- We don’t provide legal, accounting, insurance or tax advice (but we can probably put you in touch with others who can).
- We don’t give endless amounts of time for free…we all have to pay bills too!
- We are not South East Arts, but they are our friends and we recommend you say hi to them next time you are in Bega. They can help you find grants and other cool stuff.
- StageFlight has a list of film and theatre resources on its Useful Stuff page
Tech Talk #1
Using music and other copyright material in your film (April 2019 – Lis Shelley) This is a question that came up at our first gathering at Tathra Hotel.
Many may not be aware that copyright law changed in Australia with effect from 1 January 2019. The short story is that the length of time for which things remain under copyright has been extended, to be more like the US system of copyright. This can be a very confusing area and it is always best to get advice from someone skilled in copyright law if you have any doubts – I am not a lawyer.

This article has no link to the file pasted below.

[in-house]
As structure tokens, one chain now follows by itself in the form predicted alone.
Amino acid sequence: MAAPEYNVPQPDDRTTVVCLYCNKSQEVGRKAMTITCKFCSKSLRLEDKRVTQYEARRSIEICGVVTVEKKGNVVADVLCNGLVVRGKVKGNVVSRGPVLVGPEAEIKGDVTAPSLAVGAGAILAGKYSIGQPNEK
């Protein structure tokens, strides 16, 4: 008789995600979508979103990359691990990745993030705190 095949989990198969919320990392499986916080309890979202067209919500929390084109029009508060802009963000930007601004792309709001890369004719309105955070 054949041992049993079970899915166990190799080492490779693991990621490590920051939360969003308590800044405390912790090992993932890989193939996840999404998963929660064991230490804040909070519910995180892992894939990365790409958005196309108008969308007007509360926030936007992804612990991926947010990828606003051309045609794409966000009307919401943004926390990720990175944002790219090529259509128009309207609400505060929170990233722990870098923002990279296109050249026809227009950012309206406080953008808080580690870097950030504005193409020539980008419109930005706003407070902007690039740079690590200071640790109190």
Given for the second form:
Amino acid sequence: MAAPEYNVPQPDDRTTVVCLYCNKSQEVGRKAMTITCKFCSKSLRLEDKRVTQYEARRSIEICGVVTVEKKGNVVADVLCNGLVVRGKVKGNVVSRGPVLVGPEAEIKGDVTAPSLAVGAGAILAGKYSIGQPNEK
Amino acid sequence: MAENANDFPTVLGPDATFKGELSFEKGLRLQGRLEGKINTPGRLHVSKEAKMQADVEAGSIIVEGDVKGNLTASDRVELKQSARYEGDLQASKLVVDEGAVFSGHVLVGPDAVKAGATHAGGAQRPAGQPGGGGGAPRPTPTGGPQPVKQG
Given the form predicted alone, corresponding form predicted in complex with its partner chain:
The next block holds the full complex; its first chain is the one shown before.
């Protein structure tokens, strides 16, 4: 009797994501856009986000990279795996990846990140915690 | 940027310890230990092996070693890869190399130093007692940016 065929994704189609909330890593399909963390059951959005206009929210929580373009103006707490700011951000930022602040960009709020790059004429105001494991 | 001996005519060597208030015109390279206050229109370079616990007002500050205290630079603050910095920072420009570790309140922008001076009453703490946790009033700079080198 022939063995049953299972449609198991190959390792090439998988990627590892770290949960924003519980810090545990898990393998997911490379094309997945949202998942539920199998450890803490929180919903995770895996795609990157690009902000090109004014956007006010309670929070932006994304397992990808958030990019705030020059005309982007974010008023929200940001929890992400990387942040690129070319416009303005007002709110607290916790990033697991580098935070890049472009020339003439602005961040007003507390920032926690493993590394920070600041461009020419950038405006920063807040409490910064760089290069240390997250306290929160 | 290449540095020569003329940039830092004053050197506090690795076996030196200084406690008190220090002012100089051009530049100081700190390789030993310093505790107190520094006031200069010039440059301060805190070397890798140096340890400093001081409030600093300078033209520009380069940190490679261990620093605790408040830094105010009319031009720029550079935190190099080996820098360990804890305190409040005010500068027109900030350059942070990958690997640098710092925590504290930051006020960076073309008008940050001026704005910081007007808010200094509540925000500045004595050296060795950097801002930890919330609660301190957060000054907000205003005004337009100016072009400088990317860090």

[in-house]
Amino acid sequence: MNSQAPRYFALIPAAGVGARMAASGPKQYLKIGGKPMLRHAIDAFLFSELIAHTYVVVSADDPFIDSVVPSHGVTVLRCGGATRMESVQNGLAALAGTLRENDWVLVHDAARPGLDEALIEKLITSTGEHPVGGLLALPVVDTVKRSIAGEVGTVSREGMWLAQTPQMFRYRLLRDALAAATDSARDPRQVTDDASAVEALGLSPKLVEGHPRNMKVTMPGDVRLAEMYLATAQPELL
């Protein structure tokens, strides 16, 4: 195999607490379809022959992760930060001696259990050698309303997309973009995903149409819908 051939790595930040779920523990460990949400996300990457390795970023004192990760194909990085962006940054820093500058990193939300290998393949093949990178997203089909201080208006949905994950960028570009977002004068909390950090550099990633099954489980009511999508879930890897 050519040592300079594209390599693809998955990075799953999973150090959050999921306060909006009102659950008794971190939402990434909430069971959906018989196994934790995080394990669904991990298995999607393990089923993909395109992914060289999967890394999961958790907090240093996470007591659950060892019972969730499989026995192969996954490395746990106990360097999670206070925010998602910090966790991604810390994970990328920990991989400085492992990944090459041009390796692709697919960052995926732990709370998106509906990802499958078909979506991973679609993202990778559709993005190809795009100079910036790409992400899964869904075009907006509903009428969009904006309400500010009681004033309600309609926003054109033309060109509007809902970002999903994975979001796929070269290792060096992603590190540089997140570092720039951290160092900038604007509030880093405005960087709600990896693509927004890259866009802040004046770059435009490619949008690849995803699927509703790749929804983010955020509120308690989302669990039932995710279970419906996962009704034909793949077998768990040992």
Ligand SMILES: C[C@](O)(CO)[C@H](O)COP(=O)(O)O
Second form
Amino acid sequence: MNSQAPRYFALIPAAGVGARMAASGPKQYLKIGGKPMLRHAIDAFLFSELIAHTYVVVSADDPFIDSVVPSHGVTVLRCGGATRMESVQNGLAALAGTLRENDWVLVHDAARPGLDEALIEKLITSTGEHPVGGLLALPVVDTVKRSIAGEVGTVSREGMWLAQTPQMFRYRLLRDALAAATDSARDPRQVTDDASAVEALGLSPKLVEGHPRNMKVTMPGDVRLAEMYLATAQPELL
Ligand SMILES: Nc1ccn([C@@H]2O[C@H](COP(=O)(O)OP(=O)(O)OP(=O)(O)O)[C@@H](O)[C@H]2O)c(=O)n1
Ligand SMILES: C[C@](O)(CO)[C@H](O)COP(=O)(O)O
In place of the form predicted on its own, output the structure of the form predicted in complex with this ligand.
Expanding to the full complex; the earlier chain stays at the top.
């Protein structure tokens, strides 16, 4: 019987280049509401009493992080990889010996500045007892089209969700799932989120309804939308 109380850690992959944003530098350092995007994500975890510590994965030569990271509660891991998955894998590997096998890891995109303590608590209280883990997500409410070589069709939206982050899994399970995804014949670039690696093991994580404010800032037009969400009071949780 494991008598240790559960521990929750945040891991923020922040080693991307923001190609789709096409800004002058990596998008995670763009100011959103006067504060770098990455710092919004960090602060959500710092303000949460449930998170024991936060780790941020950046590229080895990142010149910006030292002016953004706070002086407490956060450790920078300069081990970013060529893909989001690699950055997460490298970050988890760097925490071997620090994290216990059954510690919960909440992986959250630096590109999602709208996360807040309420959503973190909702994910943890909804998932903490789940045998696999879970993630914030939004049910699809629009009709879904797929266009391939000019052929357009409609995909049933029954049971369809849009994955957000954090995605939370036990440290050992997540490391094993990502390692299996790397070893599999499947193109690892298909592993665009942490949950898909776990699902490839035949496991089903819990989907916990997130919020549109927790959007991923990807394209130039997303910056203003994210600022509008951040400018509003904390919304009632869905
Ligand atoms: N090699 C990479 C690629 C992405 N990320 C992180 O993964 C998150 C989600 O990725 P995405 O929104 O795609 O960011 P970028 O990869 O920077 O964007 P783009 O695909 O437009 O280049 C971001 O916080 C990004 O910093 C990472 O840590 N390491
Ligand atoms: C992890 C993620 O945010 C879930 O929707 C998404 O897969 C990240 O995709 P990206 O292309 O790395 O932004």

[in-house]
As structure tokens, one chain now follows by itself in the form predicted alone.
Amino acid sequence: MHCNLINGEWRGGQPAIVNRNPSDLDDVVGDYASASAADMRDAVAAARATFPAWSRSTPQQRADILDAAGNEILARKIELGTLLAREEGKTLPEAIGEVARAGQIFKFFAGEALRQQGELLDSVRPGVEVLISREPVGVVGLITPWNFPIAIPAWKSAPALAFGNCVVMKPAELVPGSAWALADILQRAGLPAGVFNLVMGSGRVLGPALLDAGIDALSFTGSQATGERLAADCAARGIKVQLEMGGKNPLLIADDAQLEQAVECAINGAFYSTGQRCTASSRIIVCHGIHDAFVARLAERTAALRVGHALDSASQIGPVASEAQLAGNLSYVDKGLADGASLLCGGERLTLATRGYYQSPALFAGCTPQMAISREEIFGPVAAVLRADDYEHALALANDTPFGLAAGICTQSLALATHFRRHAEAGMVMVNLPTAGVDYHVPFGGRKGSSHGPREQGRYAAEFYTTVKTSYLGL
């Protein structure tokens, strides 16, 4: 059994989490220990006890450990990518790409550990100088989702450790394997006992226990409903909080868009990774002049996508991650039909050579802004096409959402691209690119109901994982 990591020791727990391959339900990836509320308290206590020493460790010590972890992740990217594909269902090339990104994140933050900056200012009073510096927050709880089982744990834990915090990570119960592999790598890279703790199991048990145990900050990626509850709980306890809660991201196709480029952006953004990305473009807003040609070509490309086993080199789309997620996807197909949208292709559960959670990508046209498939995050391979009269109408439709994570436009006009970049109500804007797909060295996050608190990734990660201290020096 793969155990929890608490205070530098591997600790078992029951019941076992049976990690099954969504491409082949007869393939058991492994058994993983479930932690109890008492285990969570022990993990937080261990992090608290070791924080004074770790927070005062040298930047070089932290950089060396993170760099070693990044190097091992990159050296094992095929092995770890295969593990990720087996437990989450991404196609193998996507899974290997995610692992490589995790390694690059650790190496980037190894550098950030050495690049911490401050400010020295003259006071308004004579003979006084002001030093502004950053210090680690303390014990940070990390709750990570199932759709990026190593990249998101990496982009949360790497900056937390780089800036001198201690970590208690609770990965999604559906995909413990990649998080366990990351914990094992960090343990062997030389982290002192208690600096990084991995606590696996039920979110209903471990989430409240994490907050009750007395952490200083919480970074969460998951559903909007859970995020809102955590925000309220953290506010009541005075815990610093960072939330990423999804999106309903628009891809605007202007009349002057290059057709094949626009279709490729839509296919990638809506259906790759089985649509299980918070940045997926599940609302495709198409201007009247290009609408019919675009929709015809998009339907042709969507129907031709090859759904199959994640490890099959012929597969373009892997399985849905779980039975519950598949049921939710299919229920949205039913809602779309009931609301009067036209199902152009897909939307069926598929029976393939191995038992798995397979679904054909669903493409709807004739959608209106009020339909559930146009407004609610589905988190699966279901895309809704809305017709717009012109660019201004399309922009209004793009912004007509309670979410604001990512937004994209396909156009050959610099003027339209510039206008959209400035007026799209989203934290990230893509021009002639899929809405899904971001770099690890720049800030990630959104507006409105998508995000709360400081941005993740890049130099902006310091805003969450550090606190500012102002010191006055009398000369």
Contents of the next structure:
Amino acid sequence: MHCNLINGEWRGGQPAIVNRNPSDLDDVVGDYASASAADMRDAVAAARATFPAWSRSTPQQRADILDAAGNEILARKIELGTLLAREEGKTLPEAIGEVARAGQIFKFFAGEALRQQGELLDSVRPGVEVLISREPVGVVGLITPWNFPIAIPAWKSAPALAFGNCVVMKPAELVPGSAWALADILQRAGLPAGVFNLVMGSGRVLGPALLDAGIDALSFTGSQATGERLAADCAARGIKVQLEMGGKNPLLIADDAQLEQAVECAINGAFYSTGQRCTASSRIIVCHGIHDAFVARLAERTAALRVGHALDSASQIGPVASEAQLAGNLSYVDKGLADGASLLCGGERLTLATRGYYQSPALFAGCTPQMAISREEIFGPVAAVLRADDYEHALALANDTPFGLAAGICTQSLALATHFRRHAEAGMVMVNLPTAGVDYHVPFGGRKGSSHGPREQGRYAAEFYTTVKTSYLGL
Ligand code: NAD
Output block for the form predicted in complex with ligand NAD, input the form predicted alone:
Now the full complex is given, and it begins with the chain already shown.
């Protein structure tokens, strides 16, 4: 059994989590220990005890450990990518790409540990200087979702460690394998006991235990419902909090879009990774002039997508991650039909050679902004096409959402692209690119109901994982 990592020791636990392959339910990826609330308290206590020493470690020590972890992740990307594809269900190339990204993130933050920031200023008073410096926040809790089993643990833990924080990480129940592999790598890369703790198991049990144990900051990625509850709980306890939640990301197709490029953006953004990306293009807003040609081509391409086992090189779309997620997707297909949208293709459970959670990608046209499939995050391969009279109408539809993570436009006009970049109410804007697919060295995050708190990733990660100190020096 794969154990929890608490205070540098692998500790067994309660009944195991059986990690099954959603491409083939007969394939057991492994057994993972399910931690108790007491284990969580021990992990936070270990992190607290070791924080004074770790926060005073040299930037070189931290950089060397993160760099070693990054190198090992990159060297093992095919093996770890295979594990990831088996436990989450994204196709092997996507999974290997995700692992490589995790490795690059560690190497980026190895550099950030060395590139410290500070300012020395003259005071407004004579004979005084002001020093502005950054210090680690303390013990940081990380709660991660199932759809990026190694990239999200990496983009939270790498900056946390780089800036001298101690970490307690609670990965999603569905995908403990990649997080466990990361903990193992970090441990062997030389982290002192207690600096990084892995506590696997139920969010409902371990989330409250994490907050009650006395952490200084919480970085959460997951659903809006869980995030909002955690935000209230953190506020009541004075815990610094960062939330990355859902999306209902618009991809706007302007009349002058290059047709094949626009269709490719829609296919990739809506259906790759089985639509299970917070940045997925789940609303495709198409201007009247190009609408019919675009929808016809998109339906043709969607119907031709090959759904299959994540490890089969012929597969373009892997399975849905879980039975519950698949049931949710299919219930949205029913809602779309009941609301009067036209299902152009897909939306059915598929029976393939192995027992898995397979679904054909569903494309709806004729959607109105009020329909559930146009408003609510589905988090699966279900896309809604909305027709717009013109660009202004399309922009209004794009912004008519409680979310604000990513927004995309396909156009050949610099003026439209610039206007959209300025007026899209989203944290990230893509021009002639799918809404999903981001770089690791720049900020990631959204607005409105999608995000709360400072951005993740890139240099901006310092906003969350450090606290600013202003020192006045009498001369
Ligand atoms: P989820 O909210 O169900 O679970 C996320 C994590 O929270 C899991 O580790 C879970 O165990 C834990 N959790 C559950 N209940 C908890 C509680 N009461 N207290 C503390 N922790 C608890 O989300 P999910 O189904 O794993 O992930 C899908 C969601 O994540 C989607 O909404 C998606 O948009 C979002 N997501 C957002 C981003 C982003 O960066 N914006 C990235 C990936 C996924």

Copyright can apply to images, background film, music, sound effects, artwork, locations, logos, commercial products in shot etc. Many people confuse the term ‘free” with copyright free, royalty free and public domain.
1. Just because you sourced it on the Internet, doesn’t mean you can use it in your film for free.
2. Being ‘amateur’, or not knowing the law, is not an excuse under copyright law.
3. Owning the CD or paying to download a track from iTunes does not give you the right to use that music in your film. You generally can’t use stuff without gaining permission and/or attributing the owner/writer/author/publisher/musicians in the credits and/or paying for some form of licence.